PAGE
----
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Rather Goes Beyond “Blaming the Victim”

[ 116 ] May 16, 2011 |

Gilles Savary’s* entry is a strong early candidate for the worst possible commentary on the DSK case, via Gopnik:

To tell the truth, everybody knows that Dominique Strauss-Kahn is a libertine; what distinguishes him from plenty of others is his propensity not to hide it. In Puritan American, impregnated with rigorous Protestantism, they tolerate infinitely better the sins of money than the pleasures of the flesh. It would be easy to trap a personality so unresistant to feminine attractions as D.S.K.

Via Drezner.

And on cue, Bernard Henri Levy steps to Strauss-Kahn’s defense.  Shorter BHL: I know DSK, and he’s totally a nice guy, so obviously this is a witch hunt.  Also, people who step forward with accusations of rape are money grubbing whores.

*Edited for clarity, given the number of people who have misunderstood the title.

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Comments (116)

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  1. Scott Lemieux says:

    Jesus Christ — it is Polanski all over again.

  2. fluffytuna says:

    Yeah, but the link is certainly no defense of the man. Quite the contrary. The quote you used was preceded by “Jacques Savary, a deputy for the Socialist party in the European parliament, wrote on his blog”

    The New Yorker author clearly doesn’t buy it. As he said, rape is rape.

    And IMO, no matter what the outcome DSK is a world class jackass.

    • elm says:

      I don’t think Rob is blaming Gopnik (the New Yorker author): he said the reaction is “via Gopnik” and also “via Drezner.”

      That said, this may be one of those cases where more context is needed (and I don’t speak French to get that context myself.) If this is one paragraph of a post that speculates that entrapment was possible, but that if it happened the way the police are reporting it, then it was a reprehensible crime, there really isn’t much of a problem with the comment beyond some conspiracy-theory element that I don’t personally accept.

  3. Norman Thomas says:

    Who uses that kind of language, anyway?

  4. strannix says:

    From Rob’s headline, I actually thought at first that Dan Rather said this. Not kidding.

  5. rea says:

    In all fairness, Gopnik goes on to say:

    “But there is a difference, obviously immense, between flirtation, seduction, or sex, and rape, and it would be fair to say that while no one in Paris would have been shocked to find him sleeping with a chambermaid, most, if not all, would be stunned if he has really assaulted and attempted to rape one. The notion that France takes these things more lightly is false; adultery has different meanings, and fidelity different rules, but rape is rape.”

    • Incontinentia Buttocks says:

      I don’t have any first-hand knowledge of the cultural politics of rape in early 21st-century France, but there seems to be some tension between Gopnik’s claim that the French (and, he suggests, everyone else) agree about rape and the above-quoted blog post from Dan Rather Jacques Savary.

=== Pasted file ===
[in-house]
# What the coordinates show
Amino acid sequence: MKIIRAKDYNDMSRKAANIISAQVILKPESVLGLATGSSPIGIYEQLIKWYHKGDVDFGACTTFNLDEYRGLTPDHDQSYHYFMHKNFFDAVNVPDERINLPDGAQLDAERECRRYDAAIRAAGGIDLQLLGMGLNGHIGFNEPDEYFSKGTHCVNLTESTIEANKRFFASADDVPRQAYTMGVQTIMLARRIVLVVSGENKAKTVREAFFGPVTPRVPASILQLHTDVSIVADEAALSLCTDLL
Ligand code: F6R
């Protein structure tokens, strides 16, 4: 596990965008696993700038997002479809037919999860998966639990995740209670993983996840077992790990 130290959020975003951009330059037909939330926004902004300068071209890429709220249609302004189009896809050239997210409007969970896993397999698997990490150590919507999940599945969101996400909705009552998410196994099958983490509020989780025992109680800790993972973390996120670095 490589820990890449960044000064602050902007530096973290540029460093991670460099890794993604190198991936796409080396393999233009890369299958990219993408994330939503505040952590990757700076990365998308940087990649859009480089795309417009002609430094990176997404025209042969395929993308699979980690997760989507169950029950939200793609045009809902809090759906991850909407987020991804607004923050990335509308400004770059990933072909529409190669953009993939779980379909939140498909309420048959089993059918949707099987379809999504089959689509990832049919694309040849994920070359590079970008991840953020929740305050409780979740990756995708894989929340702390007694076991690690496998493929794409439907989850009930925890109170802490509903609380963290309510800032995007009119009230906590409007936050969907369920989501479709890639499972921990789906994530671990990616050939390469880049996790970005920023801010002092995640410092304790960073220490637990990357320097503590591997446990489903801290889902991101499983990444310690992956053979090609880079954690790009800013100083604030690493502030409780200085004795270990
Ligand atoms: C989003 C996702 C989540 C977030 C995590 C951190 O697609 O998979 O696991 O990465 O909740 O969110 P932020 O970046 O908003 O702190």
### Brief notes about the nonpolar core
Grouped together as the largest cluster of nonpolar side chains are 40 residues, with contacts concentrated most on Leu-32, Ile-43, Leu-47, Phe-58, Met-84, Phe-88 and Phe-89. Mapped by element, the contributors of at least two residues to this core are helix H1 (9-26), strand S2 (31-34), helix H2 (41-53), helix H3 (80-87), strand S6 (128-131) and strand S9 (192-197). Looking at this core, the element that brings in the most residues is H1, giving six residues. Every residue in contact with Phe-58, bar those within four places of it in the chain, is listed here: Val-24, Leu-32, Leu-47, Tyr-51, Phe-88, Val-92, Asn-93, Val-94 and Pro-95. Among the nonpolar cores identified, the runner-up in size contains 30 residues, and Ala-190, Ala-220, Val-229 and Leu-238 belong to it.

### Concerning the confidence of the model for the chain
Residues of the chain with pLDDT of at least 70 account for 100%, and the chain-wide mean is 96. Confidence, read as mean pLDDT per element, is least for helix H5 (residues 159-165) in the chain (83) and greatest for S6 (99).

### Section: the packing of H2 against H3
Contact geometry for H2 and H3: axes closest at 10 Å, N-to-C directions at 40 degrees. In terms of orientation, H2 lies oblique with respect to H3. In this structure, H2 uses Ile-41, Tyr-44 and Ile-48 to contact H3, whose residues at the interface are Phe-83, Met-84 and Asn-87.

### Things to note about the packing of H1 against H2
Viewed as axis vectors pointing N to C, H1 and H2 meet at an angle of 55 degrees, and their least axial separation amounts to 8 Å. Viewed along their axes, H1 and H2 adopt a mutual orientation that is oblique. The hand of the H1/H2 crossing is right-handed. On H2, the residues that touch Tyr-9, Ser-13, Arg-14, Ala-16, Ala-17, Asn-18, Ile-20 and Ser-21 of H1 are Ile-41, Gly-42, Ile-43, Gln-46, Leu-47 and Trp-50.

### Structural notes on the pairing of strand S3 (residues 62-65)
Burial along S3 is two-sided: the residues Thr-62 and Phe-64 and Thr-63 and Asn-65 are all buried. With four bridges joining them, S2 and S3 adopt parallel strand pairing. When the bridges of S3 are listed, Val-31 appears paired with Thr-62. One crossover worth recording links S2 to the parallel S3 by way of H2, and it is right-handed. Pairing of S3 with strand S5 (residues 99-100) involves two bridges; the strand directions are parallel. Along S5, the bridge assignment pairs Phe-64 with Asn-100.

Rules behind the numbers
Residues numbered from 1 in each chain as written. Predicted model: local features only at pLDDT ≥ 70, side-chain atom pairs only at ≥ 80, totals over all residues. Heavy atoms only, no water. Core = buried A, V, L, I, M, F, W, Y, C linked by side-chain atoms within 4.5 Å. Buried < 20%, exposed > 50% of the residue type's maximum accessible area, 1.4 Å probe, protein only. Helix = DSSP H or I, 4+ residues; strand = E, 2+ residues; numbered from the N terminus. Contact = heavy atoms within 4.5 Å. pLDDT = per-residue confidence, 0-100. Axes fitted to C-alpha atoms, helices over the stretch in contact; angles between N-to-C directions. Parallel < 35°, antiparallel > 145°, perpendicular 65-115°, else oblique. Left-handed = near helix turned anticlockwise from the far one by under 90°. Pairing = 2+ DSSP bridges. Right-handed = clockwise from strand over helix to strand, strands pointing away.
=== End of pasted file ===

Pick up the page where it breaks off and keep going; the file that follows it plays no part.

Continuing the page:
• Manju says:

      it would be fair to say that while no one in Paris would have been shocked to find him sleeping with a chambermaid, most, if not all, would be stunned if he has really assaulted and attempted to rape one

      SHocked! Shocked, I tell you!!

      Via wiki:

      In 2007, Tristane Banon, a French journalist and writer, accused Strauss-Kahn of attempting to rape her in 2002, but she did not press charges.

  6. margarita says:

    … adultery has different meanings, and fidelity different rules, but rape is rape.

    Rape is rape, but is it “rape” rape or rape rape? Do the French even have a word for rape that is not rape rape rape?

  7. Manju says:

    In Puritan American, impregnated with rigorous Protestantism, they tolerate infinitely better the sins of money than the pleasures of the flesh.

    If this guy isn’t careful, he’s going to single-handedly ressurrect the American RightWing, last seen weeping over the death of OBL…with the notable exception of their last President, who was oddly eating souffle when he heard the news.

    Nontheless, one things for sure…mocking Freedom Fries is not as fun as it used to be.

  8. richard says:

    Interestingly, it seems that Strauss-Kahn will not be claiming that any sexual contact was consensual but that nothing happened – that he had checked out of the hotel and was having lunch with his daughter when the alleged sexual assault took place. That should be easy to prove or disprove – electronic evidence of checkout, credit charges at a restaurant, whether he was already booked to fly on the flight to Paris that evening, etc.

    • ema says:

      Hmm, I thought he would claim that he ordered a call girl dressed as a hotel maid and it was all just a big misunderstanding.

      • Robert Halford says:

        It seems that he can’t prove that he wasn’t there. From Le Monde:

        Plusieurs points restent à éclaircir : selon une source anonyme au sein des autorités françaises, citée par The Daily Beast, le patron du FMI aurait notamment déjeuné, le jour de l’agression, avec sa fille Camille, étudiante à l’université de Columbia. Cela lui fournirait un alibi à opposer aux enquêteurs qui indiquaient, dans un premier temps, que les faits s’étaient produits à 13 heures.

        Par ailleurs, les avocats de Dominique Strauss-Kahn, cités par BFM TV, font valoir que son départ de l’hôtel a été enregistré à 12h28. Mais entre temps, les enquêteurs auraient révisé la chronologie des événements, estimant que les faits se sont plutôt produits autour de midi, et non à 13 heures. Sur ce point, Le Monde peut confirmer que la jeune femme a alerté ses supérieurs des faits concernant M. Strauss Kahn, samedi, vers 12 h 30.

  9. ema says:

    I think this is the relevant passage. Can someone translate it, please?